If Ensysce Biosciences were a ball of yarn, we’d be unwinding it for hundreds of miles from its location in La Jolla, California.
Solid oral dose programs, when biologics and advanced therapies are all the rage
Clinical candidate for one of the worst words in the drug industry: opioids
An all-outsourced model and a mere five employees
One of the first biotechs to go public via a SPAC (special purpose acquisition company)
The serendipitous discovery of an in-house material that works against COVID-19
Could Lynn Kirkpatrick have picked a more challenging biopharma to join as CEO?
“Our chemistry is just so compelling,” she says leaning into our Zoom call. “The opioid crisis needs a real solution.”
What brought my attention to Ensysce initially is a press release touting the importance of its growing relationship with a CDMO.
We’ll focus on that first, before subsequently working our way through all of which make Ensysce one of the most interesting of biopharma around today.
Motivation, And The Right CDMO
Ensysce was founded in 2008, and to add even another length of the yarn, originally focused on nanotube delivery of biologics.
It acquired a small molecule program in 2015, around which it has built two proprietary prodrug technologies: abuse resistant TAAP™ and overdose resistant MPAR™.
Kirkpatrick joined as CEO in 2009, and shifted to the small molecule program as it was beginning to produce two clinical candidates (PF614, a prodrug of oxycodone (currently phase 2), and PF329, an extended-release prodrug of hydromorphone (currently phase 1).
“These are small molecules inactivated through chemistry,” explains Kirkpatrick.
“Unless you swallow it, it doesn't release an opioid. And it performs in two steps, with the intermediate step designing all the pharmacokinetics.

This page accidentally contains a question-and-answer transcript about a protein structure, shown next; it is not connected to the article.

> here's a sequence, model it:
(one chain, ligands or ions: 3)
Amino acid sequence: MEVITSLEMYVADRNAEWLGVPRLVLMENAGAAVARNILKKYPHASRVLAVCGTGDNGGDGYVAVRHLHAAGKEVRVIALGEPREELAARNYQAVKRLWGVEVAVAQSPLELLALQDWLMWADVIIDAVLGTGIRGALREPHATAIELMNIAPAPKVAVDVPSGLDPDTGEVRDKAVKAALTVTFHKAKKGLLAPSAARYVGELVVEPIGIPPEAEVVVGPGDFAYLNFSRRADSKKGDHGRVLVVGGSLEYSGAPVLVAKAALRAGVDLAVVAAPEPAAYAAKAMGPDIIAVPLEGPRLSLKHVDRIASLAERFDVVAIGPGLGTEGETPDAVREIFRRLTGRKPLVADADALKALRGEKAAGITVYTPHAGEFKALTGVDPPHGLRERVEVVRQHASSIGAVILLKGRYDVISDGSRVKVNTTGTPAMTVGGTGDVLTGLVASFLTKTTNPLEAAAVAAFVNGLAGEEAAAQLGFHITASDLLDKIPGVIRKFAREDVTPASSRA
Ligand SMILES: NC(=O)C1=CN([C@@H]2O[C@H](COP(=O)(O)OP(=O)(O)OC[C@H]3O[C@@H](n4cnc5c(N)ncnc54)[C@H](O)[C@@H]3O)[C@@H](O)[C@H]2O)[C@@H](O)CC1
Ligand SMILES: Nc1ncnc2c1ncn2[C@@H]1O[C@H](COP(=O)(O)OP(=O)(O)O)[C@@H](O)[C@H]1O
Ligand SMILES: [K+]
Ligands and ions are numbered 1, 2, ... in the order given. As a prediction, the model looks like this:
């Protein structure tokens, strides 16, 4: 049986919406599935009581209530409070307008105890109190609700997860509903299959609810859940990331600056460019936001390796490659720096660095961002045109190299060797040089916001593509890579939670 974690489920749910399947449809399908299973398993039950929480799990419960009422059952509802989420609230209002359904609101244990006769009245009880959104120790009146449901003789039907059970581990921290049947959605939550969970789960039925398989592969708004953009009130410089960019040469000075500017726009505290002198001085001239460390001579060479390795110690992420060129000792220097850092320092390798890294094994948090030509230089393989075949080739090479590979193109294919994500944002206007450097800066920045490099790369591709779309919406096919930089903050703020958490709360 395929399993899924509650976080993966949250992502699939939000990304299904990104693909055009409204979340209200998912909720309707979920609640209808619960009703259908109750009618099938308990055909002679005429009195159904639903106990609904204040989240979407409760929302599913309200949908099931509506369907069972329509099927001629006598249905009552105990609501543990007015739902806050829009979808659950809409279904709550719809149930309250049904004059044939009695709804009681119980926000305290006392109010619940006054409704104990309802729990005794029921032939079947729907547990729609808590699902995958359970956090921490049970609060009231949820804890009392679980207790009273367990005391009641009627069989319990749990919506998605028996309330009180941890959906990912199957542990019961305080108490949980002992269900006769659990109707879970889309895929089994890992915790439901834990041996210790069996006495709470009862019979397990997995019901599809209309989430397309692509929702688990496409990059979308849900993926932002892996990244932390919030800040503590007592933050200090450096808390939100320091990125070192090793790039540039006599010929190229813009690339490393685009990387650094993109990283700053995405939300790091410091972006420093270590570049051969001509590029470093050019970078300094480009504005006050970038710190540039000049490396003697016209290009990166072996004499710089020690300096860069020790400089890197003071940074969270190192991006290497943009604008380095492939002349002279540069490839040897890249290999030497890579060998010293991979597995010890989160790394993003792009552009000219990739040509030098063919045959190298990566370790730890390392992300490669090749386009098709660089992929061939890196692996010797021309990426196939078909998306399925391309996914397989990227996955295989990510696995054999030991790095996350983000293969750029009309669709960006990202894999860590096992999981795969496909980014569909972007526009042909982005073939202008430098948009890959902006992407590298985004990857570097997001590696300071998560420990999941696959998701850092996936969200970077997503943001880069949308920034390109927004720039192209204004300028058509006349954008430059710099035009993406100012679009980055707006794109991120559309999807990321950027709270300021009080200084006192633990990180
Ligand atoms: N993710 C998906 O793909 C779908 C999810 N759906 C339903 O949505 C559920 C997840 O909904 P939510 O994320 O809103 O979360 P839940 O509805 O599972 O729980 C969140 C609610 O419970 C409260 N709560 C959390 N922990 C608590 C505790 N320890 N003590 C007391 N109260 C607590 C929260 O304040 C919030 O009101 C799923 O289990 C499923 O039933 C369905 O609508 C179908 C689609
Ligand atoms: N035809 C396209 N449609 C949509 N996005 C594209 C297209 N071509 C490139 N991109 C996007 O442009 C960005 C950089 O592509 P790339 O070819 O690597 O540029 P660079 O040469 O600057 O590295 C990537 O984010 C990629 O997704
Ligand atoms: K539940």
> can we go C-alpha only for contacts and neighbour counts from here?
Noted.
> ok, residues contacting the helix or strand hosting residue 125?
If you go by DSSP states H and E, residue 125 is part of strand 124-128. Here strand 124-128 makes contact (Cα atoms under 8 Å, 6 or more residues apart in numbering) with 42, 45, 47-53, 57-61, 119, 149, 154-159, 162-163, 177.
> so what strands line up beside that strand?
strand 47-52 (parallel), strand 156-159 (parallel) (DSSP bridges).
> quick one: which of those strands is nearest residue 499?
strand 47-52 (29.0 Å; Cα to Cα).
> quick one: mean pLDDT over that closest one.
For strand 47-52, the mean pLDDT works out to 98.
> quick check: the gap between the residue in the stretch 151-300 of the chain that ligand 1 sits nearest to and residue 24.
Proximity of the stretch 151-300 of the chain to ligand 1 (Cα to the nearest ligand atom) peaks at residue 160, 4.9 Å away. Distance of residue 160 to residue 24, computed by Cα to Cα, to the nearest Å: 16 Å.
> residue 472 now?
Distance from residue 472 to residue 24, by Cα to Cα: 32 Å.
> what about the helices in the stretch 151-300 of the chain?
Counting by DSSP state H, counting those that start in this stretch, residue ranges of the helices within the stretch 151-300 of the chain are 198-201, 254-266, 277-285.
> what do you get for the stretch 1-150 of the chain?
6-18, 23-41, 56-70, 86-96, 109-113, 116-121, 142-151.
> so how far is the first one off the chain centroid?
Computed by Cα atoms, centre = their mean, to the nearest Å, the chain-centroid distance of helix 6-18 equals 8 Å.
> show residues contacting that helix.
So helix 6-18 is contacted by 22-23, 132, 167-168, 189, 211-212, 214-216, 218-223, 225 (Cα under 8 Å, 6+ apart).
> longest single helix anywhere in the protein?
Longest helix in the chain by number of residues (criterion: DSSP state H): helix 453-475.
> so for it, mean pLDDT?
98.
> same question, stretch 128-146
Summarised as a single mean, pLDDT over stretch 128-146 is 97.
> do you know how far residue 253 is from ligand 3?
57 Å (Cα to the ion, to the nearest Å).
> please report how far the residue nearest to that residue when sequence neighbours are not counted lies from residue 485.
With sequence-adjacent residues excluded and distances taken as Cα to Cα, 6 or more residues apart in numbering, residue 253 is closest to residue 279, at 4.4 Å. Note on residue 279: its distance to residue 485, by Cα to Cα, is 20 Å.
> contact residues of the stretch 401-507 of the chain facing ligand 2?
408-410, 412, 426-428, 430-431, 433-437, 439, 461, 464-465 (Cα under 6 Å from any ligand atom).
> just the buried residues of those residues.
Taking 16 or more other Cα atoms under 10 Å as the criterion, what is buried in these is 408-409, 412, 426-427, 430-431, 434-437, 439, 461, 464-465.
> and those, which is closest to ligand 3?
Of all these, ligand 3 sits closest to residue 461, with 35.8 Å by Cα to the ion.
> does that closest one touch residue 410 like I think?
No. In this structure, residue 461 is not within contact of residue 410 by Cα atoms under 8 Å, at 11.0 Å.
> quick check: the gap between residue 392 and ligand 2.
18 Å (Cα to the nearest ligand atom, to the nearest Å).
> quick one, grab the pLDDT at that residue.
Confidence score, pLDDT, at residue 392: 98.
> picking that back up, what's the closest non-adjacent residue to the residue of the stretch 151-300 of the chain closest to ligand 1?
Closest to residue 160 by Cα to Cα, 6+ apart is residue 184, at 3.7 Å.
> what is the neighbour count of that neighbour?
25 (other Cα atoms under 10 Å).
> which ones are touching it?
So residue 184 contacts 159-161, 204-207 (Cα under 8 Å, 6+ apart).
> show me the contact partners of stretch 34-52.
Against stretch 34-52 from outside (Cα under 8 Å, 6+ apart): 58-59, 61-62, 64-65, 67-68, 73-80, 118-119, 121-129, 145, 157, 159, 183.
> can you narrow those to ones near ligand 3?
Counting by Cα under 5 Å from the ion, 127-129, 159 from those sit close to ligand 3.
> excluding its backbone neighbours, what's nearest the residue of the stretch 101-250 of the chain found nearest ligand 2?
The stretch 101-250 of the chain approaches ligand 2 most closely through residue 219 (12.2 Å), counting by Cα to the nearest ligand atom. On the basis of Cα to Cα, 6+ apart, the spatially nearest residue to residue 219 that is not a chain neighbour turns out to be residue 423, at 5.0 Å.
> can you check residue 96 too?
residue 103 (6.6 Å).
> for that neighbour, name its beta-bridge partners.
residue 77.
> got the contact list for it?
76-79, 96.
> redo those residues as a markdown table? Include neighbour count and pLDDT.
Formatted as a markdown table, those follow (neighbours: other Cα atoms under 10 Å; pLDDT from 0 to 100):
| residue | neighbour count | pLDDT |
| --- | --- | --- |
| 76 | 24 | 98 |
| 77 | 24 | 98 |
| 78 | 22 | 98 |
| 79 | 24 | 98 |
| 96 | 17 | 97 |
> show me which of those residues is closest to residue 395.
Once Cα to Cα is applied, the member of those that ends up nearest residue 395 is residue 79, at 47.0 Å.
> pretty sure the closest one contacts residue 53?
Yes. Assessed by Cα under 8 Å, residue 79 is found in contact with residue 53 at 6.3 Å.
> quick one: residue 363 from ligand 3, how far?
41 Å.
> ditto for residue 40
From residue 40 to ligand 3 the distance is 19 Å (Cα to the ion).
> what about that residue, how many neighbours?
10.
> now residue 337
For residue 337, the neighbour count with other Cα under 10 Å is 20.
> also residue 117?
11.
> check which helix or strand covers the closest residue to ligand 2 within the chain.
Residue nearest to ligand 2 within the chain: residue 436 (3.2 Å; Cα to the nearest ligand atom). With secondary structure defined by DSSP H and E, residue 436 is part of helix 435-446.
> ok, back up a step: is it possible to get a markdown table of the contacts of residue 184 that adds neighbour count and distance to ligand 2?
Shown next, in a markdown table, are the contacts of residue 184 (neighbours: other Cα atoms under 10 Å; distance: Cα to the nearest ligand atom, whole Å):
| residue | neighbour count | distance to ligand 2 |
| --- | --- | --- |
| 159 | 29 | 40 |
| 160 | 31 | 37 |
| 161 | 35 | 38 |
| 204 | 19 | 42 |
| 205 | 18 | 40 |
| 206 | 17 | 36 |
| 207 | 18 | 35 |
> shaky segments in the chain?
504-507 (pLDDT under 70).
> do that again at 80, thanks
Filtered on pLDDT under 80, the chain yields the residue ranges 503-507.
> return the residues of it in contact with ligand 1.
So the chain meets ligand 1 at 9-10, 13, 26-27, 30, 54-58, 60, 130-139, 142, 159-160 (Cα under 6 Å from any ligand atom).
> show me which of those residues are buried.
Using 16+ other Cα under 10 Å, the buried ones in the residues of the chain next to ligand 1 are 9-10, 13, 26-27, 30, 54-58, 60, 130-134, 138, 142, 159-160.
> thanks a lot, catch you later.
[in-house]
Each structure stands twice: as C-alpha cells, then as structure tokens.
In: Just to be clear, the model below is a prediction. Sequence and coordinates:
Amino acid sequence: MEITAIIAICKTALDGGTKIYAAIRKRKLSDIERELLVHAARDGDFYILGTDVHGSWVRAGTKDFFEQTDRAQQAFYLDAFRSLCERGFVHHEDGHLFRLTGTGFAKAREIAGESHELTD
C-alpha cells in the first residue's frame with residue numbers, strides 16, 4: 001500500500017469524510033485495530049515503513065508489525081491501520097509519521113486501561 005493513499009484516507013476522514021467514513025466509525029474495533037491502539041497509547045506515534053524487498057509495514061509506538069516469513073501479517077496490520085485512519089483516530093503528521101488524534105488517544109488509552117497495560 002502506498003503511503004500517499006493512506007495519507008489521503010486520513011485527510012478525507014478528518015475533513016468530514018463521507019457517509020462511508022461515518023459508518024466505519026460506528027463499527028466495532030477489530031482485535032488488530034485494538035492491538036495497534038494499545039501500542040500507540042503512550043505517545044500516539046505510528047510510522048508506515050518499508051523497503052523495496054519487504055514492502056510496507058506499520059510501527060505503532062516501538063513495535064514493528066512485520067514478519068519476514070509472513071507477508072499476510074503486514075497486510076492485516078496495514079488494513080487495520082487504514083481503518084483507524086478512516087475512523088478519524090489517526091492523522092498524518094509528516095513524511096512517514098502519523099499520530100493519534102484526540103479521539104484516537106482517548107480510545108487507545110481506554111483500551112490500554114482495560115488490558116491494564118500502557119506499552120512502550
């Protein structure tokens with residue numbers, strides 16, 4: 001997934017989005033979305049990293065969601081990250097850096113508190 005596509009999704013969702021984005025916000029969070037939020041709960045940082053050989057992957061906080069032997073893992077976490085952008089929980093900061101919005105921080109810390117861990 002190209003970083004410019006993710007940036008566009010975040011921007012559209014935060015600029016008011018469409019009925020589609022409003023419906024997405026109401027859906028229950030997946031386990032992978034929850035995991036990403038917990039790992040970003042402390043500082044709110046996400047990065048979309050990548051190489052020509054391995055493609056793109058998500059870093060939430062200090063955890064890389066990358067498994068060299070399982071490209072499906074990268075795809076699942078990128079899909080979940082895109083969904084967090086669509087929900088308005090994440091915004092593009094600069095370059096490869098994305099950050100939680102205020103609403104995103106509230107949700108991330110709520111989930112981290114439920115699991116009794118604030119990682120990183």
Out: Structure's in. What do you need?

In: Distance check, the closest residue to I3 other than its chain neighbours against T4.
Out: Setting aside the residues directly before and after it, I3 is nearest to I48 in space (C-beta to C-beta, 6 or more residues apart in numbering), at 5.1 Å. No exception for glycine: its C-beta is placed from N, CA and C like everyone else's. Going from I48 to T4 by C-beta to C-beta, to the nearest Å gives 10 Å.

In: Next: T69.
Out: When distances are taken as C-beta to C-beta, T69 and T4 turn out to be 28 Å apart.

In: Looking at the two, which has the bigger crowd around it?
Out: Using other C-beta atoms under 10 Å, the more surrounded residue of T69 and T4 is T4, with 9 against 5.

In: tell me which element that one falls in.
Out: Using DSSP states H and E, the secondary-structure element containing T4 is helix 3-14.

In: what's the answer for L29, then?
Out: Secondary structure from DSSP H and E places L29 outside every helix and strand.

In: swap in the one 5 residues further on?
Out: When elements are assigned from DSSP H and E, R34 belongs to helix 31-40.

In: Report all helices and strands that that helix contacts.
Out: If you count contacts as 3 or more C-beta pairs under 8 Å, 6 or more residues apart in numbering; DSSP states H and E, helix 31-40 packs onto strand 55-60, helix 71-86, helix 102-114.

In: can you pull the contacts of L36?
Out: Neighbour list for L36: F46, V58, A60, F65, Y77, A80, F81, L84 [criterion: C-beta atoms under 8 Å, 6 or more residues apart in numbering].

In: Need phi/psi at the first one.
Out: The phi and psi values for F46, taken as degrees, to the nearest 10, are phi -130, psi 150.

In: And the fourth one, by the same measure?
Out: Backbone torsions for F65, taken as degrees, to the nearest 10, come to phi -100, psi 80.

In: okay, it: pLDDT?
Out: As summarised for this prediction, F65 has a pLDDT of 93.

You can have immediate or extended release based on that chemistry. Shelf live is solid as a rock, and cost of goods reasonable. It provides pain relief, but removes the chewing, injecting, and snorting capabilities. We also have a combination product that can prevent overdose.”
“Obviously, we're a company trying to raise and make money [much more on that in part two], but we also believe these products serve a societal need.
“Yes, these are opioids. Some people run when they hear that. But we have a CDMO partner with the right size and capability to take us from phase-one IND right through commercial.
“And everything – drug substance and product, all of our clinical activities – are outsourced.”
Selecting That Partner
Of course the CDMO selection criteria for Ensysce had to start with the ability to handle controlled substances. Kirkpatrick says there were in fact a significant number of options.
Next was the criteria for a single service-provider able to move the program from development to commercial, with all necessary support services.
Size was also top of mind. “The size of the CDMO was important, and we wanted it relative to our size,” explains Kirkpatrick.
“That was the best fit,” she says.
So good, Ensysce can manage this fully outsourced model essentially with one individual, Chief Operating Officer Jeffrey Millard.
Millard has experience in chemistry and pharmaceutical sciences covering all aspects of CMC. He’s led the R&D activities and the authoring of dozens of successful IND submissions. He has directed CMC efforts from discovery and in-licensing through commercial launch activities including the HER2 oncology product TUKYSA(r) (tucatinib) tablets.
To find that perfect fit, Kirkpatrick and Millard and team attended “a major industry meeting,” explains Kirkpatrick, inadvertently bolstering the thought we need to get back to in-person events sooner than later.